In March of last year, I wrote a post about the first growth of ginseng from that winter’s planting of ginseng rootlets and seeds. It was my first attempt to grow ginseng, and I was thrilled that the rootlets had come to life.
It was a hot, dry summer, and the rootlets made a good effort, but eventually withered in the drought. I watered them a few times, but apparently it wasn’t enough.
Thankfully, though, the seeds I planted, almost as an afterthought, in another part of the woods, germinated. While they didn’t make great strides, they survived the heat and lack of water. I was surprised and pleased the seeds did so well. My greatest hope had been in the rootlets.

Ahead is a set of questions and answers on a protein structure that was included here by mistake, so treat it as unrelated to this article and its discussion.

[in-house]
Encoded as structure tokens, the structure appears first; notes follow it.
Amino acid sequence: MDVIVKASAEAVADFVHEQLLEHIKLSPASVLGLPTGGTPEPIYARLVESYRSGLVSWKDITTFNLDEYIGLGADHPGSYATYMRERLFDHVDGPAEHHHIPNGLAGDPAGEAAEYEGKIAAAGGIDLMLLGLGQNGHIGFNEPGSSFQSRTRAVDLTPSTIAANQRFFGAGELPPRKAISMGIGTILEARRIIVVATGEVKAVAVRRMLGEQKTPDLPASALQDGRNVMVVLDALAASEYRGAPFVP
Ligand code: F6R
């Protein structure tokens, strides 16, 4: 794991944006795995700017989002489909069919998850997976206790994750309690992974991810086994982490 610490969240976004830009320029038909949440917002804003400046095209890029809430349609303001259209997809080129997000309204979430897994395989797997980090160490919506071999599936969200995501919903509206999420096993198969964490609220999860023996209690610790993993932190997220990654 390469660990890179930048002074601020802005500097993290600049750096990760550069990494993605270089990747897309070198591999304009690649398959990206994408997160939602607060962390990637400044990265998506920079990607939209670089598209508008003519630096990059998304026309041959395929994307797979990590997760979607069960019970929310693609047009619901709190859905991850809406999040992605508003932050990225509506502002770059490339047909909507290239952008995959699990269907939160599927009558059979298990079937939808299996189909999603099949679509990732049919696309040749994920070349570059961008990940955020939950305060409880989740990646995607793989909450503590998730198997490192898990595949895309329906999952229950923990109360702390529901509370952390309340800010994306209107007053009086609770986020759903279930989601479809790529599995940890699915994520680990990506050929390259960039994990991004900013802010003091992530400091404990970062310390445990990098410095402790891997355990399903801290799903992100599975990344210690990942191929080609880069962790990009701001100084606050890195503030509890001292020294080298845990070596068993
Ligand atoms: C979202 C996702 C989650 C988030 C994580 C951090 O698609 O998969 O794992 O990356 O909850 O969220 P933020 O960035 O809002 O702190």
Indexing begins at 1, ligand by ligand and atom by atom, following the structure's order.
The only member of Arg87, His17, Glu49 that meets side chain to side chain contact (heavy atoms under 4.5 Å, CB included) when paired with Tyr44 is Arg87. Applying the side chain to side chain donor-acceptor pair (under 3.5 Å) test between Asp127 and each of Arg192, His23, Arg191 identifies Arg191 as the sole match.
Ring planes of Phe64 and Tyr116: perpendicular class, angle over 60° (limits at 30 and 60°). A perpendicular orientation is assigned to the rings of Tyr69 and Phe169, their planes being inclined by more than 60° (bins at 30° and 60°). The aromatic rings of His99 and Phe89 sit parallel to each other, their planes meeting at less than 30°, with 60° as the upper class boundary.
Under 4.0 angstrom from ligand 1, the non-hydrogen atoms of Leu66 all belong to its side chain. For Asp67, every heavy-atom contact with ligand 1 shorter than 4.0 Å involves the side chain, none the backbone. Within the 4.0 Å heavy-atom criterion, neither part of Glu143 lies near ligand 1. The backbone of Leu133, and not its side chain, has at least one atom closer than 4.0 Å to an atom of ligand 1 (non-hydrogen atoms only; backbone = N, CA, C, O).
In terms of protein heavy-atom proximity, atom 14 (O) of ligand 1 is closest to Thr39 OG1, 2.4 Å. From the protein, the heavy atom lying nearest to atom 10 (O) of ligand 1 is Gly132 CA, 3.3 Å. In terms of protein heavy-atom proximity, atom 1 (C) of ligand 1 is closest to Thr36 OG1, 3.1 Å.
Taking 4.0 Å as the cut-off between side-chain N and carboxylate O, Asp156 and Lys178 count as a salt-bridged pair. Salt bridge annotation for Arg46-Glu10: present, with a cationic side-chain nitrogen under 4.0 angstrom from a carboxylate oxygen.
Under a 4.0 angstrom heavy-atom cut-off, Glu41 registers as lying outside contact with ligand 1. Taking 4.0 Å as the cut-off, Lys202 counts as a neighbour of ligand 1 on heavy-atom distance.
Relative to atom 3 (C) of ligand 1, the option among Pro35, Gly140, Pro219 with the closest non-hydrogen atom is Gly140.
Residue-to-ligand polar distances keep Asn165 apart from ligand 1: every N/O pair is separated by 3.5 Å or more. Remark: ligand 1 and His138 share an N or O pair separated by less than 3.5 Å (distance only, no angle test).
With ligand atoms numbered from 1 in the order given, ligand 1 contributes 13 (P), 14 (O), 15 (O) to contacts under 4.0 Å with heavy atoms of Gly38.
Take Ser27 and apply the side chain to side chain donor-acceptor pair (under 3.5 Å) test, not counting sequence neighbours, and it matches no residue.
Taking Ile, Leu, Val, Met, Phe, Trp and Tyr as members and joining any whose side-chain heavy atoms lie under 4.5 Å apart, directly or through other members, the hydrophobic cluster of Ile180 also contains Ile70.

This year, the patch grown from seed is thriving. The biggest plants are getting nice and tall.
There are tiny new sprouts that look like first year babies. Sometimes even with stratified seed, it takes another year before they are ready to go.
Based on my experience, if you’re thinking about growing your own ginseng and debating whether or not to pay extra for rootlets or stick with seeds, I’d recommend the seeds. They’re cheaper and seem to be more drought tolerant than rootlets. Plus, after two years, I’m happy with the size of my plants.